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A CurtainUp New Jersey Review
The show, originally conceived by Richard Maltby, was so red hot, sassy and popular it moved from the Manhattan Theater Club to Broadway where it stayed for 1,604 performances and its stars (the late) Nell Carter, André De Shields, Armelia McQueen, Ken Page and Charlaine Woodard became themselves virtual legends overnight. Only time will tell if the exuberant and appealing production appearing at the Crossroads Theater will give birth to any new legends. But based on their performances on opening night, they are well on their way.
It is a pleasure to report that “the joint” (with a respectful apology to Crossroads Theater) in New Brunswick will definitely be jumpin' through October 23rd to the same feverishly joyous repertoire that has kept audiences clapping and cheering in many of our regional theaters and even abroad since 1978. Under the direction of André De Shields, who was a member of the original Broadway company and is now also serving as choreographer, the production showcases a great cast that has been carefully selected for (in keeping with the dictates of the Fats Waller song) "Lookin' Good but Feelin' Bad." The handsome black and gold set, including the painted piano keys on the stage floor, designed by Burke Wilmore (who also did the splashy lighting) reflects the vogue for Art Deco during the Harlem Renaissance of the 1920s and 1930s.
In addition to having De Shield’s at the helm, there was the added treat of seeing the show’s original musical director J. Leonard Oxley at the piano to heighten our joy (“One never knows, do one”) where said ivories are being tickled “Black and Blue.” In this era of deconstructing musical classics, De Shields has happily not ventured far from the original’s presentational style, and keeps the back-to-back songs coming at us as if they were the result of spontaneous combustion.
Whether we call it a high-voltage celebration of one of the great jazz pianists of the 20th century, or simply a testimony to the kind of spirit-lifting, soul-satisfying and sensory-captivating music that largely defined an era, Ain’t Misbehavin’” is still much more than a steamroller of a cabaret show. Be assured the De Shields (he looked smashing greeting people in the lobby with his inimitable warm smile and wearing a fire-engine red tuxedo) makes sure there is plenty of time and space for the five super performers to have fun with personality conflicts, dramatic interplay and comedic horseplay that have define their characters. And let’s not forget the deliciously sexy-as-hell subtext that drives the show.
This is one show that doesn’t need much embroidery, call it gilding the “Honeysuckle Rose,” to deflect from the bountiful satire, innocent self-mockery, and the audacious attitude inherent in the extensive Waller repertoire. There is plenty of attitude to be seen in the stunning, glittery but not gaudy, attire that Deborah Caney has provided for the three women and the ultra dapper ensembles for two men.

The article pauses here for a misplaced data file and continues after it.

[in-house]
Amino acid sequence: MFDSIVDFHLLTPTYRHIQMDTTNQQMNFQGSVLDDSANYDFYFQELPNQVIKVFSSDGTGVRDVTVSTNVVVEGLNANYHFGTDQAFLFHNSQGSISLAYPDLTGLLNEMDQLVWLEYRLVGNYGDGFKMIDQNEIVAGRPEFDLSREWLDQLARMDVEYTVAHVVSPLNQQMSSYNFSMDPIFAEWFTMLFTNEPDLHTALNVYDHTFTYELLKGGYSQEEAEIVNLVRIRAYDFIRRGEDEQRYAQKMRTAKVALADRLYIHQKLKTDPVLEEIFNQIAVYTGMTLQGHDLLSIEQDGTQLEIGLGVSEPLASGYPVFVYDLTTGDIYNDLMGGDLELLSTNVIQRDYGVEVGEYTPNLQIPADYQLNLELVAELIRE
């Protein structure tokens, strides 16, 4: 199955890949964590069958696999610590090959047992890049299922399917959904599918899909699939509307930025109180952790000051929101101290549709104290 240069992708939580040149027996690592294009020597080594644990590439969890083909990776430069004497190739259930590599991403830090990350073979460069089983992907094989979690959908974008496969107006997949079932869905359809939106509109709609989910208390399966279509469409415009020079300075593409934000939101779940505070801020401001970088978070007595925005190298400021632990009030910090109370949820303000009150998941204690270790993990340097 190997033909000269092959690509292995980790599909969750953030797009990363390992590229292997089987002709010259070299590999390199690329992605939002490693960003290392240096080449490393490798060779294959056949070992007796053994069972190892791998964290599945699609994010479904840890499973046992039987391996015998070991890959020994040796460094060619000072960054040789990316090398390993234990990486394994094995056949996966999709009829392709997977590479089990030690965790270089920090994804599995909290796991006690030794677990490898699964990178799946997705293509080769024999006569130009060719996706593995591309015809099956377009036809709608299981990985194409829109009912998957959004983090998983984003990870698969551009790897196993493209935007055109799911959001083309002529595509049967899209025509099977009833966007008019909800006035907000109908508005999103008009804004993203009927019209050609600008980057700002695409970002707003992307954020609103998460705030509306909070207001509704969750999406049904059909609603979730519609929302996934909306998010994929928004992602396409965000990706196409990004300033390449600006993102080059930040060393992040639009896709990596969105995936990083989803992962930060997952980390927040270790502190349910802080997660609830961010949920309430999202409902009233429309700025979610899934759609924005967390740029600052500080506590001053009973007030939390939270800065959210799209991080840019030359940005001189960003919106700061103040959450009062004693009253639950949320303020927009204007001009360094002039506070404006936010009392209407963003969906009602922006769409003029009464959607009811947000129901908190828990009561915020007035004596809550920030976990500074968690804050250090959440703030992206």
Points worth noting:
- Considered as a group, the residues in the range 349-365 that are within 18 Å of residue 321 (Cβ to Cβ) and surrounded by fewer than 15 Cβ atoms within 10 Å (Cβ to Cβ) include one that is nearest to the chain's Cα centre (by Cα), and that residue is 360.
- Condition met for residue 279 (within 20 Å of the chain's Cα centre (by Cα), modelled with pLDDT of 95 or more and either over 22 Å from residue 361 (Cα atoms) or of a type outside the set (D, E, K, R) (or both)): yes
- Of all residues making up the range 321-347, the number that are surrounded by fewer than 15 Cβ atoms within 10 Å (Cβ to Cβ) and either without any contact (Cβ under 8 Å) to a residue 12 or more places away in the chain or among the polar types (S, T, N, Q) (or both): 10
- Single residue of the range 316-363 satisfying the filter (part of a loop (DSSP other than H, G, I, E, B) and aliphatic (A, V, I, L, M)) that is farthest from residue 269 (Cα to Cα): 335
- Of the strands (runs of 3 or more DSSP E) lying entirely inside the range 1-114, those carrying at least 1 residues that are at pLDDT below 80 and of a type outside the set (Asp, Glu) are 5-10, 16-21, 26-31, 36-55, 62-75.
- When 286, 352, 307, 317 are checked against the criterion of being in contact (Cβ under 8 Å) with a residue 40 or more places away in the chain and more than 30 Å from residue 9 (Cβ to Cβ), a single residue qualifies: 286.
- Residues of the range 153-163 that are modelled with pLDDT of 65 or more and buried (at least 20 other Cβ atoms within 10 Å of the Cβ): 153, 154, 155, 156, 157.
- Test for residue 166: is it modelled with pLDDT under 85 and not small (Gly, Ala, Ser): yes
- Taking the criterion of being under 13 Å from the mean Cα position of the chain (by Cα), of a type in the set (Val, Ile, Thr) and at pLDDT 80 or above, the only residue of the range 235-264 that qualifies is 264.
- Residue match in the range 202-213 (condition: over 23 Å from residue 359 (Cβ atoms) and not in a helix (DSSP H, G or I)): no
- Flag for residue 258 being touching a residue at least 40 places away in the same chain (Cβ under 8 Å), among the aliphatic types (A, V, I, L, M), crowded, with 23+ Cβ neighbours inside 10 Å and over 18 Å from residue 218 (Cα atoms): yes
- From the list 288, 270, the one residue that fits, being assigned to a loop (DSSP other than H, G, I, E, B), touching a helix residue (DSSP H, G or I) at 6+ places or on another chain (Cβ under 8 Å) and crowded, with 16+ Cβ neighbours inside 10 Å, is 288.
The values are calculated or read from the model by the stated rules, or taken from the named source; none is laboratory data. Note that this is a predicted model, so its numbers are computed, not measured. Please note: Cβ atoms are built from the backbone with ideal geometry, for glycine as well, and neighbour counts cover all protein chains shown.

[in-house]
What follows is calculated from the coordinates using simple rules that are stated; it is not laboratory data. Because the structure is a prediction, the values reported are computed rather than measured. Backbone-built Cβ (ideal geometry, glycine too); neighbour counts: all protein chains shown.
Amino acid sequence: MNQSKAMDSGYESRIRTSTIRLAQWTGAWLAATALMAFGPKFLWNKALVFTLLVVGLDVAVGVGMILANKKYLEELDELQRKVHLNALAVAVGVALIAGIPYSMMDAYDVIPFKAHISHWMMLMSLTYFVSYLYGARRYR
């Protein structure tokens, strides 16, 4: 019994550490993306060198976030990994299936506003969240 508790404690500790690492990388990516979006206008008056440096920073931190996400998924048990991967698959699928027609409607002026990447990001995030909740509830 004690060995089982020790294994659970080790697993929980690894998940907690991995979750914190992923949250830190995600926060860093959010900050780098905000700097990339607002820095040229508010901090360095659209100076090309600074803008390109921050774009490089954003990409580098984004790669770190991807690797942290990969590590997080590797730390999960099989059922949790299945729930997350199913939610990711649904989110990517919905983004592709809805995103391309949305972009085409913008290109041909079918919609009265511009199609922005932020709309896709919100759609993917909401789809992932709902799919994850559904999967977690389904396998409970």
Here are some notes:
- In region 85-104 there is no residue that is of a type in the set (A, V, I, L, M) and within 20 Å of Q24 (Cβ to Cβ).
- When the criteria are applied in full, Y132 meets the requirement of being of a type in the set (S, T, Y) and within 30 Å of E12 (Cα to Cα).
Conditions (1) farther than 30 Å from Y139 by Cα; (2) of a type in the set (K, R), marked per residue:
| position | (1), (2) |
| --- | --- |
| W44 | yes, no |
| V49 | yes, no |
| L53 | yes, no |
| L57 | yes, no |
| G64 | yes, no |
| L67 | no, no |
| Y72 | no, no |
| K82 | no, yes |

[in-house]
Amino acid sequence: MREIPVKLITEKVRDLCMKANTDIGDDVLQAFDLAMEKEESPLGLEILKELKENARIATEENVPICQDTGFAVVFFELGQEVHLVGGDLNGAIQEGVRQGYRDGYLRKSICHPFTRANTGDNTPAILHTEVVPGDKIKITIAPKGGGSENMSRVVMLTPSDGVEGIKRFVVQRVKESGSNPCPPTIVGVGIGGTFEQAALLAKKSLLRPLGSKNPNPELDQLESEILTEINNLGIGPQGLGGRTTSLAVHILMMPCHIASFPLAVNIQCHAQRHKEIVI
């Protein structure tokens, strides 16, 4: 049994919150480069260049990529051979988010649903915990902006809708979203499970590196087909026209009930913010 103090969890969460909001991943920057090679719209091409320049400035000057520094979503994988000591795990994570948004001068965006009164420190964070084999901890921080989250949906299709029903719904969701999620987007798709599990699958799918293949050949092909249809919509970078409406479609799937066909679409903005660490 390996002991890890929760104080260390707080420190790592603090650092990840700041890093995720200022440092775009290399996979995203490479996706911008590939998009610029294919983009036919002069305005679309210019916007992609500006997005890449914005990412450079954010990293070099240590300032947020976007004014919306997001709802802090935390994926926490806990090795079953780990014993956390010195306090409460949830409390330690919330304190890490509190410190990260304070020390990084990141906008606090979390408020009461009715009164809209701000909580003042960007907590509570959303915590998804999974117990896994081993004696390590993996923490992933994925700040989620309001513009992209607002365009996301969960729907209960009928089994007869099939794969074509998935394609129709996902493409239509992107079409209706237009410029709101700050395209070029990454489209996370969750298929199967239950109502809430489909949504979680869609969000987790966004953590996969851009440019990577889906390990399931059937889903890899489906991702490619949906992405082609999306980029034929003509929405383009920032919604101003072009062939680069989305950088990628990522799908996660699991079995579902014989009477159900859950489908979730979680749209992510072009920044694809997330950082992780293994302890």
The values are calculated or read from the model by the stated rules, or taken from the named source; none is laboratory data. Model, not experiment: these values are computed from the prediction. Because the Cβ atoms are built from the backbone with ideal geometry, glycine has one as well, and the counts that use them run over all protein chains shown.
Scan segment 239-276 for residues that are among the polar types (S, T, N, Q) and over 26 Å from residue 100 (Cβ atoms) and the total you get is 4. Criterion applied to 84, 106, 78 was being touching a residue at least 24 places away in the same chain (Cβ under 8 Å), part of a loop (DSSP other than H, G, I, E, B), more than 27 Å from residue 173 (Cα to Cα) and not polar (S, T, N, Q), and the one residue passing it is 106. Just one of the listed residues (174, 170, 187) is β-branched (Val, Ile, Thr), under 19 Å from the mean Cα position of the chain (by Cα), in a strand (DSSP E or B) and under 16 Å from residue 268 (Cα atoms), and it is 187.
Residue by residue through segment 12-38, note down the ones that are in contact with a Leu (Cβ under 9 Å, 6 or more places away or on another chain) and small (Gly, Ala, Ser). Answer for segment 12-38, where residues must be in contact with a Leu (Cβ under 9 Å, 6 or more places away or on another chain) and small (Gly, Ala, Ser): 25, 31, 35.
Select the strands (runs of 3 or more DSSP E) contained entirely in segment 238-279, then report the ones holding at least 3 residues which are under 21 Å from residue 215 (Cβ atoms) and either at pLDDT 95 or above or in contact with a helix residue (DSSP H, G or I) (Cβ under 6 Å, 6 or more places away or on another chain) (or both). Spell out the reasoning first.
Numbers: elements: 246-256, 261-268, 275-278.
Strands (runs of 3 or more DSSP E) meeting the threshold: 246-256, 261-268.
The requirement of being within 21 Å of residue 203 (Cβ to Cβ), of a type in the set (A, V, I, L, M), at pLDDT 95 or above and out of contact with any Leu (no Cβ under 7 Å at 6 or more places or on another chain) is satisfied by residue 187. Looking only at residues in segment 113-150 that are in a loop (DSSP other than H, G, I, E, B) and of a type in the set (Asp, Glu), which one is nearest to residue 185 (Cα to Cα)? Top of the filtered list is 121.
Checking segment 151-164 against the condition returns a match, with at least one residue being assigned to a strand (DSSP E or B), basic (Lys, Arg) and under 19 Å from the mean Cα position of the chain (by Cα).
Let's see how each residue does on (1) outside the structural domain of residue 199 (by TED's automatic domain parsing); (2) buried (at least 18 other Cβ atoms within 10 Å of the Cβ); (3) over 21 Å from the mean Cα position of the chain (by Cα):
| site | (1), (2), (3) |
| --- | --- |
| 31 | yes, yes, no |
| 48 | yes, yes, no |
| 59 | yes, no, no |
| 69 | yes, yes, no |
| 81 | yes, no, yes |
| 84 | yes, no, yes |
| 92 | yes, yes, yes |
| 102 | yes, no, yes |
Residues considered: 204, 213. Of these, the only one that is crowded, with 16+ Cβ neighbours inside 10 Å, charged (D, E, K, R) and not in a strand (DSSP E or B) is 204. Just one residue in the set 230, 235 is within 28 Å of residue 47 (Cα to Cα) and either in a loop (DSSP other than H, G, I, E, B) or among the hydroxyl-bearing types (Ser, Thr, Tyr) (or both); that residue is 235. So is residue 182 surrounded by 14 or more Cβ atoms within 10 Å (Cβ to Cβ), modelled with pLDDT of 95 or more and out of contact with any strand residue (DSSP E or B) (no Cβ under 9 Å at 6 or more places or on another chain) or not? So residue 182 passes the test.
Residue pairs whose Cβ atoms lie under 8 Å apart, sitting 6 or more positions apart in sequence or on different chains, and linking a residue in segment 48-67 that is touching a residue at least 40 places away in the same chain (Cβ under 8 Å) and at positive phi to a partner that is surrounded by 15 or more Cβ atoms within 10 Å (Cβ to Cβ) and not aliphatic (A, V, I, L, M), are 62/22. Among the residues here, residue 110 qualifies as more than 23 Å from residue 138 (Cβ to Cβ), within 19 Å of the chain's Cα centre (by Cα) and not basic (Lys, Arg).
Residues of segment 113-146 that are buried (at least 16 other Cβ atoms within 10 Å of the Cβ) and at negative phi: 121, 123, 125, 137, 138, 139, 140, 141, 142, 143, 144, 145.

Despite the impact made by individual performers, the show remains a group effort with most numbers showcasing each of them as part of an electrifying ensemble. However, it would be remiss not to mention Johmaalya Adelekan, a feisty package of sizzling sensuality who undoubtedly means it when she sings “Squeeze Me.” She is also quite marvelous poking fun at the wartime-remembered bellowing of Kate Smith with "When the Nylons Bloom Again." This is part of the World War commemorative medley that also features Rheume Crenshaw and Zurin Villanueva and includes such rousers (relics?) as "Cash For Your Trash," "Off Time," and "Yacht Club Swing."
Crenshaw has that unique vocal quality that will bring back the memory of Nell Carter, but she puts her own dynamic stamp on such favorites as “It’s a Sin to Tell a Lie” and “I’ve Got a Feeling I’m Falling.” And again conspiring with Vallanueva and Adelekan, she adds the kind of provocative edge to “Find Out What They Like” that brings it close to being a show-stopper. . . as do many of the numbers. Vallanueva, who is as slim and rambunctious as Crenshaw and Adelekan are zaftig and sassy, takes our breath away with the rapidly fired gem “I’ve Got My Fingers Crossed.”
Tyrone Davis, Jr. who is playing the part originated by De Shields, slithers evocatively through the once provocative but still amusingly insinuating “The Viper's Song" (also known as "The Reefer's Song"). A sensational dancer, he also gets plenty of opportunities to also display his ingratiating personality in “How Ya Baby” partnering with the leggy Vallanueva and by inviting audience participation in "Fat and Greasy."
Jacob Ming-Trent has no trouble making his presence account for much of the show's success with "I'm Gonna Sit Right Down and Write Myself a Letter" and the funny "Your Feet's Too Big." His girth doesn’t stop him from becoming as much a contributor as anyone in the dancing portions, as bracingly choreographed by De Shields.
De Shields has found himself a cast that not only does the Waller legacy proud but also supports it with the kind of effusive jitterbuggin,' sashayin' and struttin,' that makes this show one of the most entertaining and fun shows you are currently likely to find. The extended finale, consisting of a medley of songs recorded (but not composed) by Waller, also packs a wallop. It confirms that this is one production of “Ain’t Misbehavin’” that should not be missed.
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